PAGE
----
While the sky isn’t exactly about to fall when it comes to mobile sites versus desktop sites, there are plenty of things to be gleaned from Google’s decision. The impetus behind the change indicates a different philosophical approach for the company. Mobile technology, in Google’s view, has grown in popularity to the point where it’s reached a threshold that puts it in a position of primacy. As a result, the company’s core approach to search ranking has been changed to reflect this new normal.
It’s not a complete 180 from Google’s previous approach but it is a major detour. Before the mobile-first decision, desktop sites were the search industry standard when it came to crawling, caching, and evaluating for authority, backlinking, and so on — and this is where SEO and other digital marketing efforts were rightly focused. Web developers would tag mobile URLs as mobile, or reserve a specific subdomain for their mobile sites, and then spend the rest of the time on other, desktop-centric pursuits.
Now the roles have been reversed. All that TLC desktop sites were receiving from developers and SEO experts is no longer exclusive; you’ll need to split the difference, or perhaps tilt the scale a bit more towards your mobile web development, to ensure your digital marketing efforts are having the desired effect. It’s not exactly a paradigm shift, but it’s enough of a change to merit a moderate reevaluation.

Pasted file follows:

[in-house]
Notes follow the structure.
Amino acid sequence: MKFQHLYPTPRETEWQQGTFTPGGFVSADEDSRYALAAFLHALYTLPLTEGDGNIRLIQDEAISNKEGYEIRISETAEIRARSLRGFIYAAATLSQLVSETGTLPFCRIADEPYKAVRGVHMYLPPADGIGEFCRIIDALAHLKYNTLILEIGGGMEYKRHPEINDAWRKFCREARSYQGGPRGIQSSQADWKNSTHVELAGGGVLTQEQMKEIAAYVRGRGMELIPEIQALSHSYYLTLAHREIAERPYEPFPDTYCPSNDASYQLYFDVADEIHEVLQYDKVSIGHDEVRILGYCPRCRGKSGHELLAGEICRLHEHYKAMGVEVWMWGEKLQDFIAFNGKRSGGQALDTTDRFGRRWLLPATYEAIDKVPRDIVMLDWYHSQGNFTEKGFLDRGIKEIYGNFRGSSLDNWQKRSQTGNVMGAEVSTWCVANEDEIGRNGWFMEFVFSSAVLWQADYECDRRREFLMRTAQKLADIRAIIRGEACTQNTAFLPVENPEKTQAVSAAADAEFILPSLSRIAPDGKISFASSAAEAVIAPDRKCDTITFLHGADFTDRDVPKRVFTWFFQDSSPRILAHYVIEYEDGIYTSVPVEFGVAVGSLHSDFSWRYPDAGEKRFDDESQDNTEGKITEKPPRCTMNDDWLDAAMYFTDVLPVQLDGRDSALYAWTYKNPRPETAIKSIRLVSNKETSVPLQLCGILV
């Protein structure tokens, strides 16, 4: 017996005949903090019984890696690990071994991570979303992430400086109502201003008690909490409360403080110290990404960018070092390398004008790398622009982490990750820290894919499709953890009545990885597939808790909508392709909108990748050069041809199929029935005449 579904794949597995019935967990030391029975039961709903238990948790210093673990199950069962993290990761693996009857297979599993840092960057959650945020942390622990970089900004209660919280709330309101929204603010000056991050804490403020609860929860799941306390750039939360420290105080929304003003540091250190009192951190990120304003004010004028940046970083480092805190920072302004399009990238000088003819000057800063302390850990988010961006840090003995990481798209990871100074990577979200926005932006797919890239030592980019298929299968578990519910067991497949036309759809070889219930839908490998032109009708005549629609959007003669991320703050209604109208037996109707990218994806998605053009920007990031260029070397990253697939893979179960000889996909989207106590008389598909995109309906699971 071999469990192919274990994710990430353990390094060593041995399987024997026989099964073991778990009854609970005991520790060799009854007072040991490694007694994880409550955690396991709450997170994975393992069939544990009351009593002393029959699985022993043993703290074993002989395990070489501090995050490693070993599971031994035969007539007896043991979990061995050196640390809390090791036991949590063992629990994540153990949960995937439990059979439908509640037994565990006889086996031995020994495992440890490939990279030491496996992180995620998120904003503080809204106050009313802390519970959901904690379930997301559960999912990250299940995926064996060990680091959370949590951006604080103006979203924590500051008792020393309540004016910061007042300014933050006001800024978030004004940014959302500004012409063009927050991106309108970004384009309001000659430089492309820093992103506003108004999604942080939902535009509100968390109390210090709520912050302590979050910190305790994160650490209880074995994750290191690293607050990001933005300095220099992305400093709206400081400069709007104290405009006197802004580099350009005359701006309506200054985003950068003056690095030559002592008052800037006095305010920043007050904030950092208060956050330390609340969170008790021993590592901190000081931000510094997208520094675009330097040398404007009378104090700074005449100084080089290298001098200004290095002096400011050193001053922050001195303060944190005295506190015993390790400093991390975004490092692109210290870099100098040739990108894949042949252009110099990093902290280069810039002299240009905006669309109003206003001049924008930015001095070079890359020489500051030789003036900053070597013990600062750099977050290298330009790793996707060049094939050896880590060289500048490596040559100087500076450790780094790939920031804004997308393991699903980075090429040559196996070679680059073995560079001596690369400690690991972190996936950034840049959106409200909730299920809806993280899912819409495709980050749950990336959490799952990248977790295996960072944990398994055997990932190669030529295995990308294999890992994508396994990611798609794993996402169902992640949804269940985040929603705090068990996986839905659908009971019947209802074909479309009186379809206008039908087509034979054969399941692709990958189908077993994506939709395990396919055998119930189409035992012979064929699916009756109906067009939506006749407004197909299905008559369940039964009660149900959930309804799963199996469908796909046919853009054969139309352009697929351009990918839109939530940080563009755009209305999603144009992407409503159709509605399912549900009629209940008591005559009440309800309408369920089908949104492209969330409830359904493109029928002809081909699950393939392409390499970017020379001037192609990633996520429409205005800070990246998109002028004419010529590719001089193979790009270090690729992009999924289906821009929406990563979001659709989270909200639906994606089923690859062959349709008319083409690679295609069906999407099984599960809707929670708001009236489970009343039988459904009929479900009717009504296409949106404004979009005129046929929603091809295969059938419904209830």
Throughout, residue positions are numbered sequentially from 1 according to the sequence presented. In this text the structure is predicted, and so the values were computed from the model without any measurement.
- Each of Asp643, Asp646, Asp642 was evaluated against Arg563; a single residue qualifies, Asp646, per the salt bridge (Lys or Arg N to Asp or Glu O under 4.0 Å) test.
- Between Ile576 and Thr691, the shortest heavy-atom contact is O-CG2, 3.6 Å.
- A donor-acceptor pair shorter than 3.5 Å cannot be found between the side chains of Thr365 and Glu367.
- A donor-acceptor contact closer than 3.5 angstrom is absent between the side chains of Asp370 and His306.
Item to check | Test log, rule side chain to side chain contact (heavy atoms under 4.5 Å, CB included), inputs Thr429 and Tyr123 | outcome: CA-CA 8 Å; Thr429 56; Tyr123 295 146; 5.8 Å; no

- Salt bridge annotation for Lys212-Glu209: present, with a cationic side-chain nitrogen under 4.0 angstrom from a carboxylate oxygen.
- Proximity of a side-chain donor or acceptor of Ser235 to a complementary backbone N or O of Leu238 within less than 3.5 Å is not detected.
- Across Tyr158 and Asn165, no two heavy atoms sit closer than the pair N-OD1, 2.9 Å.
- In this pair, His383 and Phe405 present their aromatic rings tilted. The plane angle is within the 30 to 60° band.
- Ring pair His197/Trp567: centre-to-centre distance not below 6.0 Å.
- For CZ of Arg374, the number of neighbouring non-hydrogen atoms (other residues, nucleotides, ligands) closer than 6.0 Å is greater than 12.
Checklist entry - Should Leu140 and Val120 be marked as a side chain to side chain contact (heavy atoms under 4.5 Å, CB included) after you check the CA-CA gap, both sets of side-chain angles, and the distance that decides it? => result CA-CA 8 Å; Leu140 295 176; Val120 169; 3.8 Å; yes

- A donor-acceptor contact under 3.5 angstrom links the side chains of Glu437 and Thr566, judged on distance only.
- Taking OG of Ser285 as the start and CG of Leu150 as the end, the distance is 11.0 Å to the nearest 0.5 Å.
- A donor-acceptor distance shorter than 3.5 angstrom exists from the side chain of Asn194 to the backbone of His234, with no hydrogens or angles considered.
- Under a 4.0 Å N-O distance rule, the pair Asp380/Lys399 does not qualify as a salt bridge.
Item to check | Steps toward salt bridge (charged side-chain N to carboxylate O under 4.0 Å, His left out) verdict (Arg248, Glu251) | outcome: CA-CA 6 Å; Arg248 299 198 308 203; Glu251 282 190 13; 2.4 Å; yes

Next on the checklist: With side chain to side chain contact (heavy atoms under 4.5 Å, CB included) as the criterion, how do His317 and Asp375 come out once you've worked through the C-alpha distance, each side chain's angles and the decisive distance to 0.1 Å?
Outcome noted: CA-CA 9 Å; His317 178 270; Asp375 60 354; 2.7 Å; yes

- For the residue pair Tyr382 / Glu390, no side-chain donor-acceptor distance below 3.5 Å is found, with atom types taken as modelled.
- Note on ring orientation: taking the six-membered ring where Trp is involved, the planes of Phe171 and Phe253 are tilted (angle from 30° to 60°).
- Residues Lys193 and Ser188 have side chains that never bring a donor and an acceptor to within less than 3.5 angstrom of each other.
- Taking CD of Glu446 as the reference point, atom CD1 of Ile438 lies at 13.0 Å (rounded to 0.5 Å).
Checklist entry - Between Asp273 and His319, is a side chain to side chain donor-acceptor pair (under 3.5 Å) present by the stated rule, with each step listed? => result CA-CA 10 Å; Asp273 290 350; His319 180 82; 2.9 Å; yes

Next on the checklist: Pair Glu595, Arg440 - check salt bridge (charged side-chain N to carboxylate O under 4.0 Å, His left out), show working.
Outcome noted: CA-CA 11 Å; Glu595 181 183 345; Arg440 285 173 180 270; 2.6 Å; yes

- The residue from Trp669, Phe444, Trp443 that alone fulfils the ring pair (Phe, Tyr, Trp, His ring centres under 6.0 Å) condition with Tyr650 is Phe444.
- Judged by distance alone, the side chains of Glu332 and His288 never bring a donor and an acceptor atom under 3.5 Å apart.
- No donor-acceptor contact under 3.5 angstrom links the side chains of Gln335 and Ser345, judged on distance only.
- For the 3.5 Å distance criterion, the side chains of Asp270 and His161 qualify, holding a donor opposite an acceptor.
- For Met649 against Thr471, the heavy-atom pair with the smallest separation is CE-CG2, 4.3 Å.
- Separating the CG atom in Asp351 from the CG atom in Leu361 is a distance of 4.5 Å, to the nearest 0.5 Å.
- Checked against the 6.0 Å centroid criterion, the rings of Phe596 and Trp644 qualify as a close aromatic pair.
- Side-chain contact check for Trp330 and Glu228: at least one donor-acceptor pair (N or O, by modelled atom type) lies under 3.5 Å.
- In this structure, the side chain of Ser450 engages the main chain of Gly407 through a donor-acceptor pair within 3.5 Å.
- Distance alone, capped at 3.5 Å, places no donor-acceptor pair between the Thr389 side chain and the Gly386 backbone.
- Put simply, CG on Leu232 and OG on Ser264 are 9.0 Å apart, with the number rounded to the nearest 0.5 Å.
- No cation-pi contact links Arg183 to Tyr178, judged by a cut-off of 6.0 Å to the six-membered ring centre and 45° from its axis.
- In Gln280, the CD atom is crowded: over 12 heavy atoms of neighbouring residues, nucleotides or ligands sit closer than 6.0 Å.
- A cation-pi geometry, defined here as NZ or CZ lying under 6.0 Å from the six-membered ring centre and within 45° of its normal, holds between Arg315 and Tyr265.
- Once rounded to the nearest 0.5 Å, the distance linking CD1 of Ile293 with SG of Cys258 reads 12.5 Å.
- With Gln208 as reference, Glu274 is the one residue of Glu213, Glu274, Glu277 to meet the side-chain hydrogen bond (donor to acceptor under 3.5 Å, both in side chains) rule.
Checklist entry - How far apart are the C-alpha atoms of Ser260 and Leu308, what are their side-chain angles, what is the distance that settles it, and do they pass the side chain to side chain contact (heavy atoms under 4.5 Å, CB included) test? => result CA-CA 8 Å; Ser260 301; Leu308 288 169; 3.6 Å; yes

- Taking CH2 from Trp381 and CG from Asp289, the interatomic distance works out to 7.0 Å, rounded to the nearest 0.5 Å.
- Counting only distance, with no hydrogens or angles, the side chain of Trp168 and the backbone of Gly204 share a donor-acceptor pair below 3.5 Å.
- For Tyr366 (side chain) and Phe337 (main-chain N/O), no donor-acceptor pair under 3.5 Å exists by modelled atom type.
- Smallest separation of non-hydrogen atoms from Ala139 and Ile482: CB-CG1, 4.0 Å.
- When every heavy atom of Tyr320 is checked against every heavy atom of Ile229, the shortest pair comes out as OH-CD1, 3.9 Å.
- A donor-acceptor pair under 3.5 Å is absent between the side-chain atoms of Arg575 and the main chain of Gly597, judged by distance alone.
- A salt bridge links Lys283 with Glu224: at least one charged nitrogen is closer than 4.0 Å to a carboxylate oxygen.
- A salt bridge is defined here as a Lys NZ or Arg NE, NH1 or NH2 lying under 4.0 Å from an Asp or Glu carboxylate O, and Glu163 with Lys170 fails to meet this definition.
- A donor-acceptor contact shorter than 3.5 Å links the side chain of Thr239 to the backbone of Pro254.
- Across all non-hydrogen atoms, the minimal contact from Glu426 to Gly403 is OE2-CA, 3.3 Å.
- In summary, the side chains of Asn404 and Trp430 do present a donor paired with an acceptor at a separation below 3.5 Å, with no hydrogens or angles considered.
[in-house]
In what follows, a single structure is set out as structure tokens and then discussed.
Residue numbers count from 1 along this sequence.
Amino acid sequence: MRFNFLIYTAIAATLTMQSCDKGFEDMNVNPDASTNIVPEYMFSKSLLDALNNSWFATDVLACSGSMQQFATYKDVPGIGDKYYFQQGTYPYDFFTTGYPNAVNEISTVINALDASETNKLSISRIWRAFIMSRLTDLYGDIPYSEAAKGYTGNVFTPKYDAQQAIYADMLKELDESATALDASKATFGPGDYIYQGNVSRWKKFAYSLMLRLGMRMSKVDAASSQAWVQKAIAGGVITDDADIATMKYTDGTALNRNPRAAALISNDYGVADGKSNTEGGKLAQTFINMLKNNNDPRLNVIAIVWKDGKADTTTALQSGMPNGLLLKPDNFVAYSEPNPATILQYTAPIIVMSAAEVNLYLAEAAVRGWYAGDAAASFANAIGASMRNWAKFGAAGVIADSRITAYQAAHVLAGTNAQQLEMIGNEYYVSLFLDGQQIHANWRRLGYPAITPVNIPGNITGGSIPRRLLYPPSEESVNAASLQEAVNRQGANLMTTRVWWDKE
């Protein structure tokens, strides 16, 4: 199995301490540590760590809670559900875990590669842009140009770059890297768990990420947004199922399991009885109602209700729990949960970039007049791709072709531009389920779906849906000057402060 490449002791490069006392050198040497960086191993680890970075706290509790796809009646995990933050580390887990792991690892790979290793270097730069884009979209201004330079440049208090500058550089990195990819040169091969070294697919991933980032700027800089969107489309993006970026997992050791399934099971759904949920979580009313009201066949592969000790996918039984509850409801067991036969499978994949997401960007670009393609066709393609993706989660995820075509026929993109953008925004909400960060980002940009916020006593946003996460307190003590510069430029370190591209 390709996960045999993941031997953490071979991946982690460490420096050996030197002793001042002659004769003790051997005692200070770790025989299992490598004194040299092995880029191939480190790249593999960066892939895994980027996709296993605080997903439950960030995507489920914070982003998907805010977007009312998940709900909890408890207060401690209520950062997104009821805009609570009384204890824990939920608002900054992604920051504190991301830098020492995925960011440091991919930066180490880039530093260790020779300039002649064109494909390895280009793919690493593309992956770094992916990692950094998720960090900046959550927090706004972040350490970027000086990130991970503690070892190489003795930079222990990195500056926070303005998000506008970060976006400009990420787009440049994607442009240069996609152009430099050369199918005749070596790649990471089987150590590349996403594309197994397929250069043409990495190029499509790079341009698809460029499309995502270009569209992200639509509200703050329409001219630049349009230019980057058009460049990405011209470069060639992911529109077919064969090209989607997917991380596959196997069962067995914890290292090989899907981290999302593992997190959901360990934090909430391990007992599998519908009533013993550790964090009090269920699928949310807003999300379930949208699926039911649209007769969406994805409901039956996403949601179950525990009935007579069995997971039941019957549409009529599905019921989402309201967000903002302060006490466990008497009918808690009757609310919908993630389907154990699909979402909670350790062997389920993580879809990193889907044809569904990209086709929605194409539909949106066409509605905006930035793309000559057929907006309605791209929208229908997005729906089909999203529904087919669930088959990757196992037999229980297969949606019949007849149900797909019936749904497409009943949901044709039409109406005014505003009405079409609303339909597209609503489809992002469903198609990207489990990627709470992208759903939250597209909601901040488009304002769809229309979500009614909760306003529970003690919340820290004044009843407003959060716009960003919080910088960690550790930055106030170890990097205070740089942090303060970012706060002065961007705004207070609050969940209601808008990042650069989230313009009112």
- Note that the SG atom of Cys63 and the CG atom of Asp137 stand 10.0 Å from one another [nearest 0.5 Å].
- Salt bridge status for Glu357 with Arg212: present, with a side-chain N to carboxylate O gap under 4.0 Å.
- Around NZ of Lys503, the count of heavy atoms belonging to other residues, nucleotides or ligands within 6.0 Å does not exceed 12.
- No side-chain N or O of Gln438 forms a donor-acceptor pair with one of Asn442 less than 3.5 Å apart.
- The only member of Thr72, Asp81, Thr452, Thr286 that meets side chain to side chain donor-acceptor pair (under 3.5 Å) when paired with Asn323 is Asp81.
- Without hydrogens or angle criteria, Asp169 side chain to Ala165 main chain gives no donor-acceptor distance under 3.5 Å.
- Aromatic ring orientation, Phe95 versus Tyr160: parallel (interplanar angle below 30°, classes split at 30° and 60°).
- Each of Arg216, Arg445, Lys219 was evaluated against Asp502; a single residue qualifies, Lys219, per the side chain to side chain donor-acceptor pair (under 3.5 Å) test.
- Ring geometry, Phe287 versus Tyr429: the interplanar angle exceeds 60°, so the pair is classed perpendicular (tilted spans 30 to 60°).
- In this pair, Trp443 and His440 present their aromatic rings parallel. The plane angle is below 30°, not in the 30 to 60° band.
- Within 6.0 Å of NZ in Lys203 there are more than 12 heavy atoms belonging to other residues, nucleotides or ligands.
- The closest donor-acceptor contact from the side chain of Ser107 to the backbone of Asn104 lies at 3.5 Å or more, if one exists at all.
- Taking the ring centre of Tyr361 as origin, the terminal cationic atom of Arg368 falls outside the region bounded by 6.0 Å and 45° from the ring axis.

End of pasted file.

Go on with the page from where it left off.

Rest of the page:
Good news is that the mobile-first rollout has been slow and methodical. Google learns from its mistakes (Google Glass, anyone?) and mobile-first indexing was instituted first and foremost on sites that the company determined beforehand that won’t feel a negative impact. If your site is already mobile-responsive, or your desktop and mobile sites are functionally identical, you’ve likely transitioned without even noticing.
That being said, there are a few friction points to address. Page speed and load time should be checked to ensure your mobile site is responsive enough. Images and other dynamic site elements will need mobile reconfiguration where appropriate. Keep in mind that collapsed content, or content occluded behind tabs, is still considered visible content in mobile-first indexing. Just because you can’t see it doesn’t mean the crawler is ignoring it, so be thorough.